New work from Freie Universität Berlin and the Center of Experimental and Applied Cutaneous Physiology explores how nanogels of a specific size can be designed to penetrate the hair follicle, then release a payload for delivery to viable cells. This research was published online in Nanoscale ahead of print.
According to the Pubmed abstract, nanoparticles of several hundred nanometers can effectively penetrate the hair follicle and may serve as ingredient depots. However, they cannot overcome the hair follicle barrier to reach viable cells or adequately release the loaded drug. On the other hand, small drug molecules cannot penetrate deeply into the hair follicles.
Researchers therefore concluded the most efficient delivery through hair follicles was to employ nanoparticles enabled to release the drug close to the target. Dendritic polyglycerol and N-isopropylacrylamide based thermoresponsive nanogels were the result.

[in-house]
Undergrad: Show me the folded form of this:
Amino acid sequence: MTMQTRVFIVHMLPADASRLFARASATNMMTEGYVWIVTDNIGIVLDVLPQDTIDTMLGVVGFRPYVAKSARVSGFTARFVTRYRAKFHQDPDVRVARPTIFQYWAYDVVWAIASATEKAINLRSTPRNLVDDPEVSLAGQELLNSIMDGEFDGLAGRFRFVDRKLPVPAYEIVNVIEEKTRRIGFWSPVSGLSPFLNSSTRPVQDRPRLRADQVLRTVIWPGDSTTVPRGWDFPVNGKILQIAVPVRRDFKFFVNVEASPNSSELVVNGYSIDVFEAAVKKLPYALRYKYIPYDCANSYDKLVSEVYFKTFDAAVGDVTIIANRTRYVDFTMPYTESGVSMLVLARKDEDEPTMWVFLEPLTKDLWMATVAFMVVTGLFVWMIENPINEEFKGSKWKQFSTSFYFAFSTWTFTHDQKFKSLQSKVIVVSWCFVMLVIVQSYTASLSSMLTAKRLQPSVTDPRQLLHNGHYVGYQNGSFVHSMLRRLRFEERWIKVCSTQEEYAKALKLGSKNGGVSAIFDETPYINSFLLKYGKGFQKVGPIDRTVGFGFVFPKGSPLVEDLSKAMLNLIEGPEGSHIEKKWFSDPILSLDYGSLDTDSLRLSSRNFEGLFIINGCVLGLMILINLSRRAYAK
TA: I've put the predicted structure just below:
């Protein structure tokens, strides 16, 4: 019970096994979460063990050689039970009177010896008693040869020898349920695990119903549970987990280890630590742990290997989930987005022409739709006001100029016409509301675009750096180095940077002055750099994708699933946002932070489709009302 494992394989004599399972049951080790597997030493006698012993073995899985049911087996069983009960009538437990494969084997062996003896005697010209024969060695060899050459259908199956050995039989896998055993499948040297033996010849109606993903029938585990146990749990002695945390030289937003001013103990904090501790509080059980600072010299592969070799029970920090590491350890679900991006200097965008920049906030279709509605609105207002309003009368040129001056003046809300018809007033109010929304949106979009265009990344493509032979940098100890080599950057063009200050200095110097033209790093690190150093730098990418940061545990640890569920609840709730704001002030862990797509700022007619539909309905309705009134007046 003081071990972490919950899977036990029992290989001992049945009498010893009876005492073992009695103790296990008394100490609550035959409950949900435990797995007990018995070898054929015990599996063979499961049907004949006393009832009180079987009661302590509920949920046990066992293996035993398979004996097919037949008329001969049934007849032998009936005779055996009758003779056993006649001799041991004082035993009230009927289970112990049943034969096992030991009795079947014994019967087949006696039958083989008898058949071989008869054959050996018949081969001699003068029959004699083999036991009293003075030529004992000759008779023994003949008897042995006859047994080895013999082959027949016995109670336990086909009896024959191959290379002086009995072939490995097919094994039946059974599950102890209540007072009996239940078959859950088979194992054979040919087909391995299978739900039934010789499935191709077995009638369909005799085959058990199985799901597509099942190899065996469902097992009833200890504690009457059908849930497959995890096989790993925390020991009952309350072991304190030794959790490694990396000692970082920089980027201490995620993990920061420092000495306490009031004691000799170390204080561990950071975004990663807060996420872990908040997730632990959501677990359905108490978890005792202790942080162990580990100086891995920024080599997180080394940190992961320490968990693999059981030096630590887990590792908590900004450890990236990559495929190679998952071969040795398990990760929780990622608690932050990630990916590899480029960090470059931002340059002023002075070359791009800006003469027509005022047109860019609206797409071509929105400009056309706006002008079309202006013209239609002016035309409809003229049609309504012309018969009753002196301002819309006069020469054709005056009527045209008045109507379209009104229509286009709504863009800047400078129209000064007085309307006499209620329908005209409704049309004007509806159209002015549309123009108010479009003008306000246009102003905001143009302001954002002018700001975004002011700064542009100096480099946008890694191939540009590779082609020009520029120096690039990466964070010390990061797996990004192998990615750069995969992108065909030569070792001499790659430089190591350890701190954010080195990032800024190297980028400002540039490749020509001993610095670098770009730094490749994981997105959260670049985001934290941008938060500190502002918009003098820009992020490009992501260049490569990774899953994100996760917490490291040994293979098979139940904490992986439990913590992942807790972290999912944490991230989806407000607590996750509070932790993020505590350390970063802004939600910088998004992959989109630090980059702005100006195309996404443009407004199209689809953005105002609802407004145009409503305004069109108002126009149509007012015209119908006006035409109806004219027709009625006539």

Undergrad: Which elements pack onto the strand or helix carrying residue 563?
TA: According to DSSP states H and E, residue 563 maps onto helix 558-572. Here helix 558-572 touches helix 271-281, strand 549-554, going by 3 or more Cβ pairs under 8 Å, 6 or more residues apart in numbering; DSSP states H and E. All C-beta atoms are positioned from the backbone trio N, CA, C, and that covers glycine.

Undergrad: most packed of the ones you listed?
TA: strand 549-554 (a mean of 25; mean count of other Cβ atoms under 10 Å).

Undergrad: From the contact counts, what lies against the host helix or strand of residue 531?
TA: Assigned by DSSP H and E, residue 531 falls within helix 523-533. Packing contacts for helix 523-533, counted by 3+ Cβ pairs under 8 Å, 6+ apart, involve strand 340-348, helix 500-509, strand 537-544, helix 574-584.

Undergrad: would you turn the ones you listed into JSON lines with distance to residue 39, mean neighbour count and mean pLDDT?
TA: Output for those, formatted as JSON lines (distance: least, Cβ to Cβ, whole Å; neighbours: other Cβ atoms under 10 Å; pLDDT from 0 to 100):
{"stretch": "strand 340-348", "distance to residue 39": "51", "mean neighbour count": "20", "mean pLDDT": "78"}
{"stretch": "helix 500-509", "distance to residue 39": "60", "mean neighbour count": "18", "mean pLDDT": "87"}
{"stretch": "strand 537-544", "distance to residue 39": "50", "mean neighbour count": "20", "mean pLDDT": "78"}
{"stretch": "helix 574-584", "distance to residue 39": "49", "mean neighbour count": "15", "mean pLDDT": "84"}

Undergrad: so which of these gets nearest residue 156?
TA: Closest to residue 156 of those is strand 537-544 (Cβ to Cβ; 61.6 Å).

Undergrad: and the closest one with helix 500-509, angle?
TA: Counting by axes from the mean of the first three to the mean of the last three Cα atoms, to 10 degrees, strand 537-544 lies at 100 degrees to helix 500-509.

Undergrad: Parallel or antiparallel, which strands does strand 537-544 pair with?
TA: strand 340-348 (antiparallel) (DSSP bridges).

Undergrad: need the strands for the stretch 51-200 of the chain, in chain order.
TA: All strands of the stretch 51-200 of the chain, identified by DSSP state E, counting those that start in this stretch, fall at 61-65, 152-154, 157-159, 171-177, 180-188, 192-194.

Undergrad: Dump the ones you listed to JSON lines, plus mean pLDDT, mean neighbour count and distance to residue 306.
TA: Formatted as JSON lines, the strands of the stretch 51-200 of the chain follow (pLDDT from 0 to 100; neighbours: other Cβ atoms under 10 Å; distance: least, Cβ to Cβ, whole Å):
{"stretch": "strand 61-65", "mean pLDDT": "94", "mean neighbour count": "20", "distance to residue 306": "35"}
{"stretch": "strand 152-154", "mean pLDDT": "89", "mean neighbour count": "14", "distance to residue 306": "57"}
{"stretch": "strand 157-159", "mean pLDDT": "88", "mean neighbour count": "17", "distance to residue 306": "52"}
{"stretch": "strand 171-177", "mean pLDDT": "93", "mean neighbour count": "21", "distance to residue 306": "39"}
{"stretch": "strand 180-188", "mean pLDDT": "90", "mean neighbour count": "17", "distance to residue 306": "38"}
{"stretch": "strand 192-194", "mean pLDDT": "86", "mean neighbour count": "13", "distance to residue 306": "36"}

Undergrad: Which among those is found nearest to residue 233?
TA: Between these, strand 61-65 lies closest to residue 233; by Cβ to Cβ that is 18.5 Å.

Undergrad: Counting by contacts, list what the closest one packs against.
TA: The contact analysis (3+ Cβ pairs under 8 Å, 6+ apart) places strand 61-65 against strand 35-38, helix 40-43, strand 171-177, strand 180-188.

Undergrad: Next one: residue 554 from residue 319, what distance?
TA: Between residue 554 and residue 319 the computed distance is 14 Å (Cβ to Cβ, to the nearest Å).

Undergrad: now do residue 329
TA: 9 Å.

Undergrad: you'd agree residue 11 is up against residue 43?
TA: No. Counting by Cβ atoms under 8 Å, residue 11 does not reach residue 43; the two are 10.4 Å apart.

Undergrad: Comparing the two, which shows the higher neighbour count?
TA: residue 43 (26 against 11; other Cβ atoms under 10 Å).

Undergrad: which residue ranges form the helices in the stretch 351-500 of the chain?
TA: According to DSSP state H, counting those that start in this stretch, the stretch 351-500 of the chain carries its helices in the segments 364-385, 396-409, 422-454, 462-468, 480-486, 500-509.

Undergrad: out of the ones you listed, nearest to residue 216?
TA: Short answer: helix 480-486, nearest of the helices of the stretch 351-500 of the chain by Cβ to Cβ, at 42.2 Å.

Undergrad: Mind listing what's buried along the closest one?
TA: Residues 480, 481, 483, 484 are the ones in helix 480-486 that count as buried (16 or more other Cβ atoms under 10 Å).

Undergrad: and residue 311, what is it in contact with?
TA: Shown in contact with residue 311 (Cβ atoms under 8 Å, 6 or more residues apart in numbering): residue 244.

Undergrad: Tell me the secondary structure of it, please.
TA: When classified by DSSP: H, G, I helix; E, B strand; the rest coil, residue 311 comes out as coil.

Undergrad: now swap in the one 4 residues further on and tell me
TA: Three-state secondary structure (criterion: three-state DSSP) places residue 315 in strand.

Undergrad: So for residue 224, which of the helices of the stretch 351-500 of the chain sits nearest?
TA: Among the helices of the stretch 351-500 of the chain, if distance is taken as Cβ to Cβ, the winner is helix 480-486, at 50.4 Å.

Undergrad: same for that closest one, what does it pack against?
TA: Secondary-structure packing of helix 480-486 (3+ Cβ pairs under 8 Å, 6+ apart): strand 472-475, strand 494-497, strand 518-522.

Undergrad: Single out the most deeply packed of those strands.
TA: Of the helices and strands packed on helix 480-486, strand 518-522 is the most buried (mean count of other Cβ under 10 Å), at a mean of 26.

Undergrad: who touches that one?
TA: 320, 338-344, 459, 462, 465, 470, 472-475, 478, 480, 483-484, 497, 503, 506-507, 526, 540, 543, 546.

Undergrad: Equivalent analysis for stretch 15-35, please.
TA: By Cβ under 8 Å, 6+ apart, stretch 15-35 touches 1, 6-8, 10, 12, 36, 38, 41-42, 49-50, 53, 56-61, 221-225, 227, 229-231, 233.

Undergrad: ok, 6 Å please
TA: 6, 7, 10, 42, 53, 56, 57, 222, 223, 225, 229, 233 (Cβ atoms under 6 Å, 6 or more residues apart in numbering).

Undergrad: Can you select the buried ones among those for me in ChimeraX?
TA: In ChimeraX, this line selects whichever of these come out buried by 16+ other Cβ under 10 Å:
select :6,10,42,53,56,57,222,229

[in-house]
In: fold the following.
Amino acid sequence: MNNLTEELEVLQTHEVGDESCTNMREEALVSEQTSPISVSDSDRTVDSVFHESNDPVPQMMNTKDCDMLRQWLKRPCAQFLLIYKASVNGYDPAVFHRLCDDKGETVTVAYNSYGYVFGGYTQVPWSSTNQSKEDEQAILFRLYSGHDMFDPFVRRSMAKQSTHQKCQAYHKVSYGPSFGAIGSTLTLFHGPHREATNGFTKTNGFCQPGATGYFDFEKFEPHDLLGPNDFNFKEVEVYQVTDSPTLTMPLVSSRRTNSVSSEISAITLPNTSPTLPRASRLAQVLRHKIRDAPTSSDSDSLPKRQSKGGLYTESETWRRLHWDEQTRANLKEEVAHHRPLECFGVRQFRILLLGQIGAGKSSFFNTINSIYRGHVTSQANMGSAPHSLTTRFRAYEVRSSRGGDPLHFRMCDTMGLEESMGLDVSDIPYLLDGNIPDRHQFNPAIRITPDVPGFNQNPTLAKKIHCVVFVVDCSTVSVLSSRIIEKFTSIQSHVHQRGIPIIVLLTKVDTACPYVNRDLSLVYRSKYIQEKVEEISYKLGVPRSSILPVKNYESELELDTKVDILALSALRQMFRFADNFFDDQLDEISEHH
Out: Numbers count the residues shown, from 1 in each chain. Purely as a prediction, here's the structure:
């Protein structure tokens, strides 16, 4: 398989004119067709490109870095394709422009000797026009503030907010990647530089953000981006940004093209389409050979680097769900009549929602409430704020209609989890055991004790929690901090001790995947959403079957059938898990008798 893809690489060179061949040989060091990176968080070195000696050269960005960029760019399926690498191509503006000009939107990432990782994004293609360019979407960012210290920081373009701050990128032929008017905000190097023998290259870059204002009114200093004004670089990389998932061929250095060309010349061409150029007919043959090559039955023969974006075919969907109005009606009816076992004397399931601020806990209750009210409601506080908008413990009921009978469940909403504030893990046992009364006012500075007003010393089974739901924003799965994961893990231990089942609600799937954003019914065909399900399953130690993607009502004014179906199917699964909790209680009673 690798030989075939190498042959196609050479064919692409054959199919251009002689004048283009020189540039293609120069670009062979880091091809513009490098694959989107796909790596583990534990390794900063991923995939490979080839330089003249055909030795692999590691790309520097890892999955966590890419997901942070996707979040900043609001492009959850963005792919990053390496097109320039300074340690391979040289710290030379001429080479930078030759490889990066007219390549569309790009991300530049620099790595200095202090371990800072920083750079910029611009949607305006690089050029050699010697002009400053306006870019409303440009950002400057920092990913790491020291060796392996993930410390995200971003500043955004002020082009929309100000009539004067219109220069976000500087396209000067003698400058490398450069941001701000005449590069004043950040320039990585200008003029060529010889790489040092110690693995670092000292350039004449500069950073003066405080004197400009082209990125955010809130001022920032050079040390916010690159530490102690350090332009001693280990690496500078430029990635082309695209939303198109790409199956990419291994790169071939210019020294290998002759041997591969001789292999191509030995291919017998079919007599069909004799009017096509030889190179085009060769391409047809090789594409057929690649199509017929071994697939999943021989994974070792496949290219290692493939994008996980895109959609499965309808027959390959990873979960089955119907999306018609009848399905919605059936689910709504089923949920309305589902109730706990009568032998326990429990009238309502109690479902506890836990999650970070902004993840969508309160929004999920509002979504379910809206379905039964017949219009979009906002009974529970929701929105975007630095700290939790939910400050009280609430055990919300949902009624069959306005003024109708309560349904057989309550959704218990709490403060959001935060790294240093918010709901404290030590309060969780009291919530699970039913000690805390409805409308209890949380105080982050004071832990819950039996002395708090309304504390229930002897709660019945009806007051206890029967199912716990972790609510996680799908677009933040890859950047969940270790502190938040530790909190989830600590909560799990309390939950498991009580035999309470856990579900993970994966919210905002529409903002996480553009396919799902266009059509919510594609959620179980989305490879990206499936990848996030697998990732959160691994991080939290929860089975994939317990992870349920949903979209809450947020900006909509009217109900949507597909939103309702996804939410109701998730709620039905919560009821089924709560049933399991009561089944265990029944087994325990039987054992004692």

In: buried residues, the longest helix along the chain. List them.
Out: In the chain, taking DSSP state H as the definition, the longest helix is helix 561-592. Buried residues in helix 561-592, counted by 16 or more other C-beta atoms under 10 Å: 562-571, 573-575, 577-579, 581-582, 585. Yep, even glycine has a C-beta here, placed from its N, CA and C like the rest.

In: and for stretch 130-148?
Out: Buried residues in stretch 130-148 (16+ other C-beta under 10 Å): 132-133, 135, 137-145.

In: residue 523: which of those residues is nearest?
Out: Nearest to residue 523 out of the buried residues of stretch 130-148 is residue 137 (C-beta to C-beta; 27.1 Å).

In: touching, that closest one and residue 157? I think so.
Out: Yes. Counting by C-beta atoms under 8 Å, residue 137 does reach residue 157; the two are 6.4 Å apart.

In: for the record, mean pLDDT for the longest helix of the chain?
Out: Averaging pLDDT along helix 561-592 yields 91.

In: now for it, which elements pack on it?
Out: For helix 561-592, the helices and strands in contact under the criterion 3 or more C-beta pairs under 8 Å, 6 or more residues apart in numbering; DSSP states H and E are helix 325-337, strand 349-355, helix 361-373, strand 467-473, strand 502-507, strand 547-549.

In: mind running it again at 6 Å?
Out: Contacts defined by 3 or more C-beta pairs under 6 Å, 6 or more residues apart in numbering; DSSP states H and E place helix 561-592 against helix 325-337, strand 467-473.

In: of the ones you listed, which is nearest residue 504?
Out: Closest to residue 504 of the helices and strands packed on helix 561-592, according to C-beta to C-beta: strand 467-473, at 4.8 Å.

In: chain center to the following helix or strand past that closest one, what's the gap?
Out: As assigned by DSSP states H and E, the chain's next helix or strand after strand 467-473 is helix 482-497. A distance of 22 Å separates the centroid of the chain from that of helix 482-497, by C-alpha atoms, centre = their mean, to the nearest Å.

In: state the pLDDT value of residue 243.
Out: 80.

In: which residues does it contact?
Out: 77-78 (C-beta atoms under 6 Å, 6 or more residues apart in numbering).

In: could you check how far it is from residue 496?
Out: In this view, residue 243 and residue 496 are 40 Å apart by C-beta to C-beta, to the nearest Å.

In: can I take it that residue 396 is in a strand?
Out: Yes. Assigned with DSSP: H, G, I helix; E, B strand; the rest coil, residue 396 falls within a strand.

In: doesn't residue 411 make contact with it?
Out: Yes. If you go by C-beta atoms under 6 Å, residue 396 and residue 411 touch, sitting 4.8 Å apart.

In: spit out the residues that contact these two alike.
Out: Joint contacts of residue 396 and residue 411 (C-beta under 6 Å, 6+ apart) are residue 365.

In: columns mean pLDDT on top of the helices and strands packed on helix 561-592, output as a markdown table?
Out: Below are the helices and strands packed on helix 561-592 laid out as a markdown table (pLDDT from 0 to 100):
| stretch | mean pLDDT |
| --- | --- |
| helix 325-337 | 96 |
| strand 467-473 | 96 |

Using confocal laser scanning microscopy, the researchers discovered that, unlike smaller nanogels (< 100 nm), medium and larger-sized nanogels of 300-500 nm penetrated the most effectively, at depths proportional to the nanogel size.
Hair follicles may seem of minor importance for the delivery of actives, since according to Wiechers, "they cover only 0.1% of the total surface area of human skin." However, he adds that "in places where hair density is much higher, such as the face, this local surface area can be much higher—as much as 10%." This, along with the fact that the skin barrier is not as strong in the hair follicle, makes it difficult to ignore this route of entry into the skin.